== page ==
I couldn't find any information via search to determine this via the Intel or HP website. Can you enable NUMA nodes on this? How can you tell the side of each node if so? Is it always best practice to enable and size VMs based on this if it's available or does that depend if you're running an application like SQL that makes use of this?


Yes, the DL360p is NUMA-capable. It's the system default.

Assuming VMWare, the handling of VMs on NUMA architecture has changed slightly as the product evolved. See this excellent site for a good breakdown.

With the current edition of VMWare (5.x), you will end up with NUMA nodes inside the guest if you configure more vCPUs than exist on on physical NUMA node. So >8 in your particular server's case. From: http://vxpertise.net/?p=124

Assigning more than 8 vCPUs to a VM spread across multiple sockets create virtual NUMA nodes inside the guest allowing for better scheduling decisions in the guest.

Also: HP's NUMA Whitepaper.


Since Intel launched their Nehalem (55xx-series) all =>2 socket Xeons are NUMA by default, including the E5-2630's. Some BIOS/UEFI's allow this to be disabled but the option is usually hidden away to discourage it.

You don't mention which hypervisor you're using but certainly any recent server-class products from VMWare, MS and Xen/KVM are NUMA-aware and will automatically attempt to keep any VMs vCPU on a single NUMA node - this becomes less easy the more congested your hosts become obviously but basically don't worry about it, leave it to the hypervisor.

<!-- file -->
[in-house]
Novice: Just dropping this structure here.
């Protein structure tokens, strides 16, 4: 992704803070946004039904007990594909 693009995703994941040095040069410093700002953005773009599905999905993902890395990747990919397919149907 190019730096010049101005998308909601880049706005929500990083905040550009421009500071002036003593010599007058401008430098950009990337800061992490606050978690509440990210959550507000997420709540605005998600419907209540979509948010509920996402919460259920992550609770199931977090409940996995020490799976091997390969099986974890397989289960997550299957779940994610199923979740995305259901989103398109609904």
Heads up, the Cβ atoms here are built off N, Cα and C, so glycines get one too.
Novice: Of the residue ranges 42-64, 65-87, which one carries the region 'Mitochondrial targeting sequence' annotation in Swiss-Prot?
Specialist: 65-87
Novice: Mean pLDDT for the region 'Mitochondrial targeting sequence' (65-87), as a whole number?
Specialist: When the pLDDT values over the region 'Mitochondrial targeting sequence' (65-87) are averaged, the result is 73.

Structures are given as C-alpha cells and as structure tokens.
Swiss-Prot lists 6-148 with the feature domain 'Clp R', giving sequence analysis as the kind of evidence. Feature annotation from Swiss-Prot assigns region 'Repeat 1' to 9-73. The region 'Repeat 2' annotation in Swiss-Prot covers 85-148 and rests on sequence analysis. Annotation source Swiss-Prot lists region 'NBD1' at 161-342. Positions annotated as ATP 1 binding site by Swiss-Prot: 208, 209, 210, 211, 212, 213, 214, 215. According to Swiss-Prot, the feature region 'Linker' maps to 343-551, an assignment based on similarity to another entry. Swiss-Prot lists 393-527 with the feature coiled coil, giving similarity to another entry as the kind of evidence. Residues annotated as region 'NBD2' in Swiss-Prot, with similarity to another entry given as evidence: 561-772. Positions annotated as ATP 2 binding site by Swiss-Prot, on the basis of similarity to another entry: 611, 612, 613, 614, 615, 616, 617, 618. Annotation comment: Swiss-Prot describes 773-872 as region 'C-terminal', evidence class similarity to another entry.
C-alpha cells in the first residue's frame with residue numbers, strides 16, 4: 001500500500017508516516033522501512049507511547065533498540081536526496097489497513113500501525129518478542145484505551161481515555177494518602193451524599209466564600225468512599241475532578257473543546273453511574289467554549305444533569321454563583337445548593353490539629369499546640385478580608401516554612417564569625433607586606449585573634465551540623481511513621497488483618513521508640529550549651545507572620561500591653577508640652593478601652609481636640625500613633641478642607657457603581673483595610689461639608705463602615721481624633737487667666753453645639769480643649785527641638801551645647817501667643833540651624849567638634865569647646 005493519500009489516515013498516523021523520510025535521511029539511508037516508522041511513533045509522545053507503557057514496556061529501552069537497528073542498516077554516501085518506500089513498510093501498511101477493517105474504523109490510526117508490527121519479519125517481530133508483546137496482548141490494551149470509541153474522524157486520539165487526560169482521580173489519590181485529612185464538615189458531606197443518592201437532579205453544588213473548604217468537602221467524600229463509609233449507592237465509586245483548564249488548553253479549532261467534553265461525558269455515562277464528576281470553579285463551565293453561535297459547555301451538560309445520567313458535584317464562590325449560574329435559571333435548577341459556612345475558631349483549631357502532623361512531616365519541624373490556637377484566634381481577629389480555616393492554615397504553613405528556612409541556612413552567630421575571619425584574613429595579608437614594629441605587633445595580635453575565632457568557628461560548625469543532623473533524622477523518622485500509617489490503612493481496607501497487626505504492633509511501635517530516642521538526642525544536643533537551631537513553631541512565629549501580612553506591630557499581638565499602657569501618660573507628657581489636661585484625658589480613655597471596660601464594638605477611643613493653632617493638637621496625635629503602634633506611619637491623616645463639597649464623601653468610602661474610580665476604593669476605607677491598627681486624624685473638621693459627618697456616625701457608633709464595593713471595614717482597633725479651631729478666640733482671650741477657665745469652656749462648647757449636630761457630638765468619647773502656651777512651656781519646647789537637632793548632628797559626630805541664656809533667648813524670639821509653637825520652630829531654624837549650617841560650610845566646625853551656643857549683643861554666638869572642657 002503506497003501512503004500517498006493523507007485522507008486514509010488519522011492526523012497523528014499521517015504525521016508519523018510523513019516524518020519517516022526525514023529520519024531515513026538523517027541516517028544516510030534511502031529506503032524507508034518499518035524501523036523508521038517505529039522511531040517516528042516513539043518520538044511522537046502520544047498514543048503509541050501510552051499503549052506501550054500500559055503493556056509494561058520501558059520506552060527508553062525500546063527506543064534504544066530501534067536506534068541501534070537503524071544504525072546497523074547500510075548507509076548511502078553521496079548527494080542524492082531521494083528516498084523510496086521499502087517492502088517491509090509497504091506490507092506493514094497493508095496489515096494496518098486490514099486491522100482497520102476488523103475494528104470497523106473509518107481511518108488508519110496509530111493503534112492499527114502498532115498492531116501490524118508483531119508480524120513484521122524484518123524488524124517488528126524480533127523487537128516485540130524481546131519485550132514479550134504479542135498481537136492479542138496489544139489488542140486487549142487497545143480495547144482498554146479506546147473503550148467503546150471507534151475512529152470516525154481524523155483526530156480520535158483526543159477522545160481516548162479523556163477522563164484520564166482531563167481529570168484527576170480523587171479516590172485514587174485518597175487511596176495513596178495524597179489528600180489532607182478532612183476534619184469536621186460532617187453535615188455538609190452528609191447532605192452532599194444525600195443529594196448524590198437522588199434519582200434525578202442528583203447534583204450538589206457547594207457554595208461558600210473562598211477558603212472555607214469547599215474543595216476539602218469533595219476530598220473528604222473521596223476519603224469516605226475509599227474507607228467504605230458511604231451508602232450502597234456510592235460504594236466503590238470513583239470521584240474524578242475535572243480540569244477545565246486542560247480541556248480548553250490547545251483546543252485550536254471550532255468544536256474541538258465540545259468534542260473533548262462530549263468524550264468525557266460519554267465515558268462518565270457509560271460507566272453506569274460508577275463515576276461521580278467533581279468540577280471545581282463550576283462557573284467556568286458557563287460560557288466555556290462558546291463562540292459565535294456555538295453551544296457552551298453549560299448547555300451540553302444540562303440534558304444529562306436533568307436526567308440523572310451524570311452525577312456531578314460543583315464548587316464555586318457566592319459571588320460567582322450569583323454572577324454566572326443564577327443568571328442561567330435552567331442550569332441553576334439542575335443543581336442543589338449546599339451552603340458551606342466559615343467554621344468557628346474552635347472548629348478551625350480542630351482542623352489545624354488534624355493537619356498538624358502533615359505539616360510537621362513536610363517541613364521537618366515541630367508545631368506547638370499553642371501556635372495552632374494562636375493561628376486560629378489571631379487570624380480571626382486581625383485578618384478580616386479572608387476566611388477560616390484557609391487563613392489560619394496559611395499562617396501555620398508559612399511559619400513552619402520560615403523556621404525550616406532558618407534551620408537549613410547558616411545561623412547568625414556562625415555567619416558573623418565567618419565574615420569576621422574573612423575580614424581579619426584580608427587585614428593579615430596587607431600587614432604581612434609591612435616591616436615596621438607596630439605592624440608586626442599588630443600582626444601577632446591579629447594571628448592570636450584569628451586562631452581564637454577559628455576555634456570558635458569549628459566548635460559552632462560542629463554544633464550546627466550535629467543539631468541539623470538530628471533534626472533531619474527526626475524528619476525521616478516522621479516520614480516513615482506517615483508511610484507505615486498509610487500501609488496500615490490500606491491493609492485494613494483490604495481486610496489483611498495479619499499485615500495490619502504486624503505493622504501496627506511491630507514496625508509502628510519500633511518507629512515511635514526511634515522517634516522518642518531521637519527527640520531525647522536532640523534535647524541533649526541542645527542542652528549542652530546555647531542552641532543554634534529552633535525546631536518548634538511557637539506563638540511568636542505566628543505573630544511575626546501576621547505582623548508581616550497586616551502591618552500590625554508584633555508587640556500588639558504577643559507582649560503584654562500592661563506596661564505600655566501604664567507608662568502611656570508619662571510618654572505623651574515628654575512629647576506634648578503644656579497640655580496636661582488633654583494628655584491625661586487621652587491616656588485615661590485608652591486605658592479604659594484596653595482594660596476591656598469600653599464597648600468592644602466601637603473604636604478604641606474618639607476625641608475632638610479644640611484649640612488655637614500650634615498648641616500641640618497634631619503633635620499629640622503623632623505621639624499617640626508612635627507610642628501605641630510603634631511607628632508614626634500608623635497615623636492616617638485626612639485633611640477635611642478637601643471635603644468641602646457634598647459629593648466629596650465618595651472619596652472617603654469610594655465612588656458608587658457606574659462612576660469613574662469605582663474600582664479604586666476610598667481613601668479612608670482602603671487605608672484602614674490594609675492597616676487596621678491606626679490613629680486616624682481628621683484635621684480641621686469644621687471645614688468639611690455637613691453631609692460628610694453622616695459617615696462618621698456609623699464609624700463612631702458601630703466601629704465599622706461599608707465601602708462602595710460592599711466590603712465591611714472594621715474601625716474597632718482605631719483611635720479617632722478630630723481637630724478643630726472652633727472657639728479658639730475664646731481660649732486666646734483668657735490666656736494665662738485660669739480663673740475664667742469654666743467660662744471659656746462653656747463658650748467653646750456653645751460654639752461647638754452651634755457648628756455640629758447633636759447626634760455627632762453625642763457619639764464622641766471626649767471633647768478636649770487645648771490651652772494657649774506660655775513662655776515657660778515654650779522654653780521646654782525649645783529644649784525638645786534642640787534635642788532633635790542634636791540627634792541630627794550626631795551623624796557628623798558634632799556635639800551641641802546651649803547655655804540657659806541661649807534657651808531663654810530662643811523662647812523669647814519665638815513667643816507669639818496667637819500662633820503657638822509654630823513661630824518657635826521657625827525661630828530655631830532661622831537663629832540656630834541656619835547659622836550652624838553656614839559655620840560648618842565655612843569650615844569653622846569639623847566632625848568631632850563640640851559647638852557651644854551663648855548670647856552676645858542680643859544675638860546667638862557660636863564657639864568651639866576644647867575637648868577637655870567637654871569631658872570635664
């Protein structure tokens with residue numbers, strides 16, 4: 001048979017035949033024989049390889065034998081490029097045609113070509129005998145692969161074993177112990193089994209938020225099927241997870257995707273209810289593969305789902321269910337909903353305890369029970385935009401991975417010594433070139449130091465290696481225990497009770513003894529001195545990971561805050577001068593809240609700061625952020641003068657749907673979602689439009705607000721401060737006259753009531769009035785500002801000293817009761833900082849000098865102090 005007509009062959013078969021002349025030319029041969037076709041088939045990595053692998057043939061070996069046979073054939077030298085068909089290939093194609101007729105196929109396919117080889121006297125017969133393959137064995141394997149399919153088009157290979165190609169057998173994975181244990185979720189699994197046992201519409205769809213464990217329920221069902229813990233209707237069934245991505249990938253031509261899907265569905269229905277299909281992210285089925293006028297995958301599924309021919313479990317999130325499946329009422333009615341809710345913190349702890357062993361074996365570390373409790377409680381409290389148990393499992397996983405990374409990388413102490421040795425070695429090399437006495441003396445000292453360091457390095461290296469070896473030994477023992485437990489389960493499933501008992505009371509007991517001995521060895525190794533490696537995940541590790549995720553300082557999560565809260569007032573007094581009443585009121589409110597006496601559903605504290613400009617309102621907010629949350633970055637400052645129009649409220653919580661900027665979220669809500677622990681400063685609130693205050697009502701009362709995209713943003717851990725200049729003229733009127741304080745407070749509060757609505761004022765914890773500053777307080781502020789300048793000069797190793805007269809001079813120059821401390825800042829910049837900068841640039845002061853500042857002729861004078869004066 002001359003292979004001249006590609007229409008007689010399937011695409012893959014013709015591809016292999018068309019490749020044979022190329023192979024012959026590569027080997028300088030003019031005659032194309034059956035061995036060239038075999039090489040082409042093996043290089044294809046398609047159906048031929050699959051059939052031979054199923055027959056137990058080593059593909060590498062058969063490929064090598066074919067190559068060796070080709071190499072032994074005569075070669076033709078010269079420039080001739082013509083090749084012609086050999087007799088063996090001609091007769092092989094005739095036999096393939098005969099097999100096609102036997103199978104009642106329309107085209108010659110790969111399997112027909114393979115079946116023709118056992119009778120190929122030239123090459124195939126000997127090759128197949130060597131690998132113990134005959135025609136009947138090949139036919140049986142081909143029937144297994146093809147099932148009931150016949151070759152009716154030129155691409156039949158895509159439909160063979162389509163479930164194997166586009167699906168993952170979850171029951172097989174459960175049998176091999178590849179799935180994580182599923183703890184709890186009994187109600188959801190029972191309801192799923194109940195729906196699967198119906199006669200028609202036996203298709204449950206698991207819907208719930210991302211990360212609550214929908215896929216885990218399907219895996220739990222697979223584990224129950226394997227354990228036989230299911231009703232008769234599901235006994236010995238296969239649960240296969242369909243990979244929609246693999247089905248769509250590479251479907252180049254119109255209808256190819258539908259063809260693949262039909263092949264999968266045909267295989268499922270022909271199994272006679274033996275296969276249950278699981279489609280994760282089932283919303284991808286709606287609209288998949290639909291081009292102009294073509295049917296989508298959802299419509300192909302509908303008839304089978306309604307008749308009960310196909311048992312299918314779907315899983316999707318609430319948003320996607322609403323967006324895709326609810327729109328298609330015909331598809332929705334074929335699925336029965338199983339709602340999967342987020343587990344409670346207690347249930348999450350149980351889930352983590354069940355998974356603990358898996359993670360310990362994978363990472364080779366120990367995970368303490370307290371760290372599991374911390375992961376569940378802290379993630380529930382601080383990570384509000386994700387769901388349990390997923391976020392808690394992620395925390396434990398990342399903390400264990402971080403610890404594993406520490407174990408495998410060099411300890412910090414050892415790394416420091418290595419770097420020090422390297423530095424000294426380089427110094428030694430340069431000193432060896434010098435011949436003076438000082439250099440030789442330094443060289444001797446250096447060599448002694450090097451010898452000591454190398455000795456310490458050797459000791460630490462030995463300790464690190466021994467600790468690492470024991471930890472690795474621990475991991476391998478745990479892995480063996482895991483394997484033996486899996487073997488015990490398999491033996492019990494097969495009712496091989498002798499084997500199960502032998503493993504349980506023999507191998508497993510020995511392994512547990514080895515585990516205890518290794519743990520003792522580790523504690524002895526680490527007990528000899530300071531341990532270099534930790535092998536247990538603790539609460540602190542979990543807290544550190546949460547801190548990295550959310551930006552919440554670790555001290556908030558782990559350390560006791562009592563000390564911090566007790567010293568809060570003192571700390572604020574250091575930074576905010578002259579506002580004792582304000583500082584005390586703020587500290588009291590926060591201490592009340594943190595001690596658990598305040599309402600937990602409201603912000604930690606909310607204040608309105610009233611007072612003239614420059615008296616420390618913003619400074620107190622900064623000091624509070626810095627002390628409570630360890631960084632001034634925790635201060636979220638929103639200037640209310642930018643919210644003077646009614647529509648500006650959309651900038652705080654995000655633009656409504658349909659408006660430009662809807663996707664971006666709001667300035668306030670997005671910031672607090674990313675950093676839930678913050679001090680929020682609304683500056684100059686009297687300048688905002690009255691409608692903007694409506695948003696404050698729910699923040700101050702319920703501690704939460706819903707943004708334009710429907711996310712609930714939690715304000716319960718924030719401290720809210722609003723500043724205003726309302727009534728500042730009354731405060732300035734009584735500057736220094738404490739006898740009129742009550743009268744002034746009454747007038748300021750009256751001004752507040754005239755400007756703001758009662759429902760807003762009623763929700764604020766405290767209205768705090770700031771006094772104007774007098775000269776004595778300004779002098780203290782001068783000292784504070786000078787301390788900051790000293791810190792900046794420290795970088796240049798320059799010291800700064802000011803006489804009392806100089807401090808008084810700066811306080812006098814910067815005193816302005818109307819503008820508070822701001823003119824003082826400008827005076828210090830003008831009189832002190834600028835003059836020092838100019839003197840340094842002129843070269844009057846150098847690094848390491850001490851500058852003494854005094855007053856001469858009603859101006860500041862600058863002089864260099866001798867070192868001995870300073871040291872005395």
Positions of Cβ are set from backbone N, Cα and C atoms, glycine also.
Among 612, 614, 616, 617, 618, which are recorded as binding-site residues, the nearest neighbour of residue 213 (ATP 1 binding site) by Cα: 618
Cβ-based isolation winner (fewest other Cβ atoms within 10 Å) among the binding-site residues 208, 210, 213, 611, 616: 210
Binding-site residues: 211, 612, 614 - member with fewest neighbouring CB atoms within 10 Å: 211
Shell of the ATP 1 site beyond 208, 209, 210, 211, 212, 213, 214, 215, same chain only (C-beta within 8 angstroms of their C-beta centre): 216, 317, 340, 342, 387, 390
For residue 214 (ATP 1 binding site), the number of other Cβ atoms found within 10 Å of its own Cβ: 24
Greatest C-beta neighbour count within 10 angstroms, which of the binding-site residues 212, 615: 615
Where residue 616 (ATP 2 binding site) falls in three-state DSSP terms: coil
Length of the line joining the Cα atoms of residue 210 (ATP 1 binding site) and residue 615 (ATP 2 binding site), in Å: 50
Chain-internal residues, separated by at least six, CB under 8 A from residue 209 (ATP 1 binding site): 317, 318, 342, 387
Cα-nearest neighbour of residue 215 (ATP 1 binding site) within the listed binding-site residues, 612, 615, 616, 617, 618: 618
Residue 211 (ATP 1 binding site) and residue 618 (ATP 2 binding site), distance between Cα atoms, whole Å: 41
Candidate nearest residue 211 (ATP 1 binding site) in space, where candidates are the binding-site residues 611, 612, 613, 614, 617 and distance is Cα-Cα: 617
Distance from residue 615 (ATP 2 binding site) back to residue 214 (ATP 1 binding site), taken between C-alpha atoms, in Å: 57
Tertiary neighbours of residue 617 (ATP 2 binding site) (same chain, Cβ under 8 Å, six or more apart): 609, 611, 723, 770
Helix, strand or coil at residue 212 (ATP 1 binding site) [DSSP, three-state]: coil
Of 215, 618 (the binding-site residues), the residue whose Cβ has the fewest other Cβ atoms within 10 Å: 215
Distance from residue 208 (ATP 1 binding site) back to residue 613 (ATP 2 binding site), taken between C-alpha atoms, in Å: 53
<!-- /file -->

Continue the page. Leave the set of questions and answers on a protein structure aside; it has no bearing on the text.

You can not "disable" or "enable" NUMA. It is how hardware was designed to overcome physical limitations and costs.

When you "disable" it, you actually activate node interleaving on a NUMA architecture. This is just a memory allocator which will hide NUMA topology to OS. All modern hypervisors, OSes, .Net/Java platforms and big applications have support for NUMA and they will schedule and balance the load to utilize the architecture in an efficient way. Bug are still squashed as we are speaking :D

Best is to leave NUMA enabled and install recent versions of software that have proper support for NUMA. By software, include also UEFI firmware updates which can contain microcode updates. Microcode updates can be loaded into CPU by OS during each boot (similar to what firmware is doing).

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